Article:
The Boston Molasses Flood in Pop Culture

The disaster lives on in film, books, and Drunk History.

The Blob still courtesy of Criterion Collection, which re-released the 1958 cult classic in 2013.

Drunk History

drunk history molasses flood

Drunk History still via Comedy Central

If you haven’t seen the Drunk History episode that takes on the Great Boston Molasses Flood, you really should. The Comedy Central show, known for retelling lesser-known moments from America’s past from the perspective of someone who is more or less shitfaced, took on the Boston disaster in Season 4 (by coincidence in the same episode as its biography of Julia Child).

“Molasses was a big motherfuckin’ deal,” begins comedian Lucius Dillon, who narrates the events of 1919 while swilling a glass of brown liquor. What follows in the segment is a hilarious and basically accurate description of what went down a century ago, starring actors Michael McKean as U.S. Industrial Alcohol Co. project manager Arthur Jell and Jason Ritter as North Ender John Barry. The eight-minute segment features a miniature model of the North End as a backdrop for an extremely cool reenactment of the flood. “People were just, like, knocked off their ass,” Dillon tells us.

The Blob

the blob

Criterion Collection

A globular, mysterious force cascades through streets, bursting into buildings, and swallowing innocent townspeople whole. Sound familiar? It’s both the very real fate of North Enders in 1919, and the plot of the 1958 cult classic The Blob.

We can’t say for certain the movie was directly inspired by the disaster, as there’s no solid evidence to support the theory. A more likely explanation is that, like others of its time period, it explored anxieties about a Communist threat lurking in communities Still, the similarities are uncanny. The Criterion Collection describes the monster, which still lingers in the popular imagination, as a villain that “absorbs people” and “can flow under or around any obstacle. … It is a monster of appetite: an absolute consumer, voracious, growing. And it hates cold.”

So it made sense that science journalist Forrest Jabr would give a talk on the science of the flood at Brookline’s Coolidge Corner Theatre a few years back, ahead of a screening of The Blob (as part of the venue’s cheeky yet informative Science on Screen series). You can watch it here:

“Molly Molasses”

Duck Boats carrying Boston Red Sox players make their way down Boylston Street during a victory parade celebrating the team’s third World Series title since 2004, Saturday, Nov. 2, 2013, in Boston. (AP Photo/Michael Dwyer)

It’s no small thing to be immortalized via Duck Boat, and the Great Boston Molasses flood has in fact been recognized on one of them. The “Molly Molasses,” which is painted a syrupy brown, was added to the fleet back in 1999. So it’s forever a part of our city’s tourism economy, and every so often, a participant in our many victory parades.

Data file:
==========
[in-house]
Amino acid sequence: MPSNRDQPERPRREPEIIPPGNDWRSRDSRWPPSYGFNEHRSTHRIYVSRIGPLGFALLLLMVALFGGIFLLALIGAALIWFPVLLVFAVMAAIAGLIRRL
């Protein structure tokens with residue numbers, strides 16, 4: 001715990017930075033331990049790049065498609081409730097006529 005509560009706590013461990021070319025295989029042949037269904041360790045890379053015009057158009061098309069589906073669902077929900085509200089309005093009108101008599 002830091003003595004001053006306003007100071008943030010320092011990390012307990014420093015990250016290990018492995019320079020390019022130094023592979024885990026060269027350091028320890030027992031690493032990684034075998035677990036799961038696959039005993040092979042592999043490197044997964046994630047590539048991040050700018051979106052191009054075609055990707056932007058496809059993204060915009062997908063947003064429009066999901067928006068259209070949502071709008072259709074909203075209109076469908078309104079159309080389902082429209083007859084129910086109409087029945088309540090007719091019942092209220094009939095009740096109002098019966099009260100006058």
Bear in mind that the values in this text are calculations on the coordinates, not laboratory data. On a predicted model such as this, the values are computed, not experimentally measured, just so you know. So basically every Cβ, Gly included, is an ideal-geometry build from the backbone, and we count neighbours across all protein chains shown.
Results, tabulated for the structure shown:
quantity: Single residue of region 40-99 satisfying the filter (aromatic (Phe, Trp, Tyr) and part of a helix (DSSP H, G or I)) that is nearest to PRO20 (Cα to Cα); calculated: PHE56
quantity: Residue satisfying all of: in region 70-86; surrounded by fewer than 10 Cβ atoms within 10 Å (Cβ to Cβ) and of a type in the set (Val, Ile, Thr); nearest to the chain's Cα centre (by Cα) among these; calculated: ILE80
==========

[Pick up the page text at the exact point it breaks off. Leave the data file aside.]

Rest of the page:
Courtesy of The Great Molasses Flood

Poke around online and you can find plenty of music referencing the disaster—from countless Americana ballads to, for some reason, a track from the EDM jam band Lotus. But one group of musicians in particular is really going out of its way for the occasion. A Boston-based folk band, appropriately called The Great Molasses Flood, says it plans to record a live album dedicated to the flood during the anniversary on Tuesday, January 15, at Cambridge’s Club Passim—100 years to the date after the the North End was swamped with goo.

The quartet of local singer songwriters will perform eight songs about the flood, including one called “21,” an homage to the nearly two dozen people killed in the disaster, and “The Sticky, Sticky Mess,” a tale told through the eyes of North End firefighters trapped by molasses.

“We realized when we named the band after a tragedy, with a 100th anniversary coming up, we needed to do something to honor this and promote this part of history,” says Dan Cloutier, a songwriter who plays guitar and banjo in the band. “It’s a really important part of Boston history and it’s relevant in terms of big business overstepping, and populations of immigrants being negatively effected.”

As part of the live concert, band members plan to read from Dark Tide, a history of the floodThey also have a Kickstarter going, if you want to show some support.

Meanwhile, another flood-inspired band called Hot Molasses is performing Tuesday night at Aeronaut, as part of a fundraiser for the immigrant advocacy nonprofit Cosecha, and Allston’s Model Cafe is hosting “a night of comedy, music, poetry, photography, and molasses filled baked goods.”

Learn more about the Great Boston Molasses Flood, 100 years later.